Kuwait found it essential to start its own network after the Gulf War, and the Kuwaiti Space Network began on December 8, 1991. Star TV from Hong Kong started on Asiasat in October 1991, reaching audiences in Kuwait and other Gulf countries. One of the network's new digital pay-TV platforms comes from Gulf DTH, which trades as Showtime, and is backed with English-language programming by Viacom Inc. The new offering is co-financed by Kuwait Investment Projects Co. (KIPCO) and is now operating on Nilesat.

The Jordanian Radio and Television Corporation started broadcasting the Jordanian Arab Space Channel on February 1, 1993, utilizing channel 24 on Arabsat 1-C, which blankets most of the Arab world and Europe and has recently expanded to include transmission of the service to Canada and the United States.

In the North African countries of Morocco, Algeria and Tunisia, national television was put onto satellite. The main reason for satellite transmission of the service was to develop bridges to improve communication between expatriate labor in Europe and the home country. North African countries have a different Arabic dialect that is not well understood by the rest of the Arab nations, and this may be why their satellite services mainly address North Africa.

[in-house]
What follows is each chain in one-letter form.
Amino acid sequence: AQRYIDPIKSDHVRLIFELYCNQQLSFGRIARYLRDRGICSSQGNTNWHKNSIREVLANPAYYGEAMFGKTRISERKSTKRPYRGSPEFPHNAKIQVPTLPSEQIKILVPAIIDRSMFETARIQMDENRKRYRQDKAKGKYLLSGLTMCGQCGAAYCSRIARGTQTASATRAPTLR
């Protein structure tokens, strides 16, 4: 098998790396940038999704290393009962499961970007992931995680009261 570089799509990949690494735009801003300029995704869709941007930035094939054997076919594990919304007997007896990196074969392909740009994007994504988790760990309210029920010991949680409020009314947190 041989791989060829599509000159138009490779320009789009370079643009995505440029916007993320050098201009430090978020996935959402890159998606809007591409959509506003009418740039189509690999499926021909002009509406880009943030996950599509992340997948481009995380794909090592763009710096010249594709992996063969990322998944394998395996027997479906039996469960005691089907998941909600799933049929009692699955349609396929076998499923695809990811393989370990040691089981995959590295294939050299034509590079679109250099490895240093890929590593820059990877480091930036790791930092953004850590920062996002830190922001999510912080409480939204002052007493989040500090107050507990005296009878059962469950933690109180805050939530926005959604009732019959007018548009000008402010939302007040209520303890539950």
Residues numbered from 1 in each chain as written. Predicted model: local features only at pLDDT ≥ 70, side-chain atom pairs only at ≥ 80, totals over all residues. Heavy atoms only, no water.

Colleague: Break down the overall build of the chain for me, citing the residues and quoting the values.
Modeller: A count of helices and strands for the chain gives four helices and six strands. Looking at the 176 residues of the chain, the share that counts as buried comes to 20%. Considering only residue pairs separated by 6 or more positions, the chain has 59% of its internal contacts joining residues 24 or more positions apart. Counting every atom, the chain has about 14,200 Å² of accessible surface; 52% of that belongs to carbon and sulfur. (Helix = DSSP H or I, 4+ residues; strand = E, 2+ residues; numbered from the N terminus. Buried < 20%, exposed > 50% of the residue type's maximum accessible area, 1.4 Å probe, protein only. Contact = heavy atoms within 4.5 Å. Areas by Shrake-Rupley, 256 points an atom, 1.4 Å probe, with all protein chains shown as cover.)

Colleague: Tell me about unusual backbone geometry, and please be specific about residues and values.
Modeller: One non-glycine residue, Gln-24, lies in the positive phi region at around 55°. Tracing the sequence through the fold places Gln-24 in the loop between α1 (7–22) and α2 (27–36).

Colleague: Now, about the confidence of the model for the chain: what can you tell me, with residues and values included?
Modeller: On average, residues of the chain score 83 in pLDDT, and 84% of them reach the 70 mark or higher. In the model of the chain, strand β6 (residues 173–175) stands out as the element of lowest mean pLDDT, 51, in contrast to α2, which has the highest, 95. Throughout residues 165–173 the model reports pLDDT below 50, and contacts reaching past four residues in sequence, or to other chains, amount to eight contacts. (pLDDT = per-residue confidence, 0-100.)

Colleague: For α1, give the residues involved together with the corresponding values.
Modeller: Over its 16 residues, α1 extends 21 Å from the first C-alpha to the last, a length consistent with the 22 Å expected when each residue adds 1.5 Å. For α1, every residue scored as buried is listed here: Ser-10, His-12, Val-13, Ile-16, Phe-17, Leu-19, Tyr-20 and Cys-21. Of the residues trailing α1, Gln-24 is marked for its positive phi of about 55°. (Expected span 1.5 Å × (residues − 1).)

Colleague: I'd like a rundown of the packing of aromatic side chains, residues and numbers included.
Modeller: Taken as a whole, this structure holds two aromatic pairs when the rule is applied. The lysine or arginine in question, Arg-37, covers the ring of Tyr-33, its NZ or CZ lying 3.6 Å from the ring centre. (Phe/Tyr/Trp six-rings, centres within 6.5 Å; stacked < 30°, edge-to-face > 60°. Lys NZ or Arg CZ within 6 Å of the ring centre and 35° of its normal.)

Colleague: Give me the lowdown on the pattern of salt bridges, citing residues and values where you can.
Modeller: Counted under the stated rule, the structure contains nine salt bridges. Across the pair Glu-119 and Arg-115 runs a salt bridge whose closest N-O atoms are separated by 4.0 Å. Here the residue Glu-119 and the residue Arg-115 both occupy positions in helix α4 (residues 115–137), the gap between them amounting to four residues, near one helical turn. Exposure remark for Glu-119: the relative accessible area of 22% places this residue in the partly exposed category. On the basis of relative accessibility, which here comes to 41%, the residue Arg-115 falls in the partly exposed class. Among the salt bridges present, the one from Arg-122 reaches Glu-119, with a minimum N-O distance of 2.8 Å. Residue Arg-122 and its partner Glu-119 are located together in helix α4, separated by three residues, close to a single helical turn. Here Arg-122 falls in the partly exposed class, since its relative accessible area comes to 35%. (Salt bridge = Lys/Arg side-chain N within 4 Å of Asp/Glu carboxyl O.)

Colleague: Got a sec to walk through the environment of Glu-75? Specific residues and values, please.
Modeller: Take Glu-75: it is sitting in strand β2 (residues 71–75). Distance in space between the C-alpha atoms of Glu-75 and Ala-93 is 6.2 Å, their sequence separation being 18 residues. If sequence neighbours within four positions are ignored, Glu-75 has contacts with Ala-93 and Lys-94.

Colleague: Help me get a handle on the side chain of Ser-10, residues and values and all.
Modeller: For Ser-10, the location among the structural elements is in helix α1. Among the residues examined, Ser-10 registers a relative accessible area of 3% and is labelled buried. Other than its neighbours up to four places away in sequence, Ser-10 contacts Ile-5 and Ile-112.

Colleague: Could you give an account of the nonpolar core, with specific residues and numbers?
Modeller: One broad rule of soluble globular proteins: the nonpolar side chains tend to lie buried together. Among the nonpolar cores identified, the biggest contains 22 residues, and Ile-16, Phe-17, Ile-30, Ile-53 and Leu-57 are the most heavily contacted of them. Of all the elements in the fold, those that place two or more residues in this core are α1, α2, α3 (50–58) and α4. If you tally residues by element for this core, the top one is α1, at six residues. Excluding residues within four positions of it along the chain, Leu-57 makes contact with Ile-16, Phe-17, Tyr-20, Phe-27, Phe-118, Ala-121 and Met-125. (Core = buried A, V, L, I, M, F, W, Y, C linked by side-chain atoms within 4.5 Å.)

The Gulf states were among the first nations that utilized satellite broadcasting since they did not have problems related to financing these projects. Bahrain and Qatar placed their main channels on Arabsat for direct broadcast transmission to the Arab world. Dubai's satellite channel was first to reach the United States, via Galaxy. At this point in time, there are many wonderful projects that will play an important role in promoting telematics and informatics in the region such as the development of new specialized channels, such as the Dubai Business Channel and the Dubai Sports Channel, as well as Dubai's Internet City.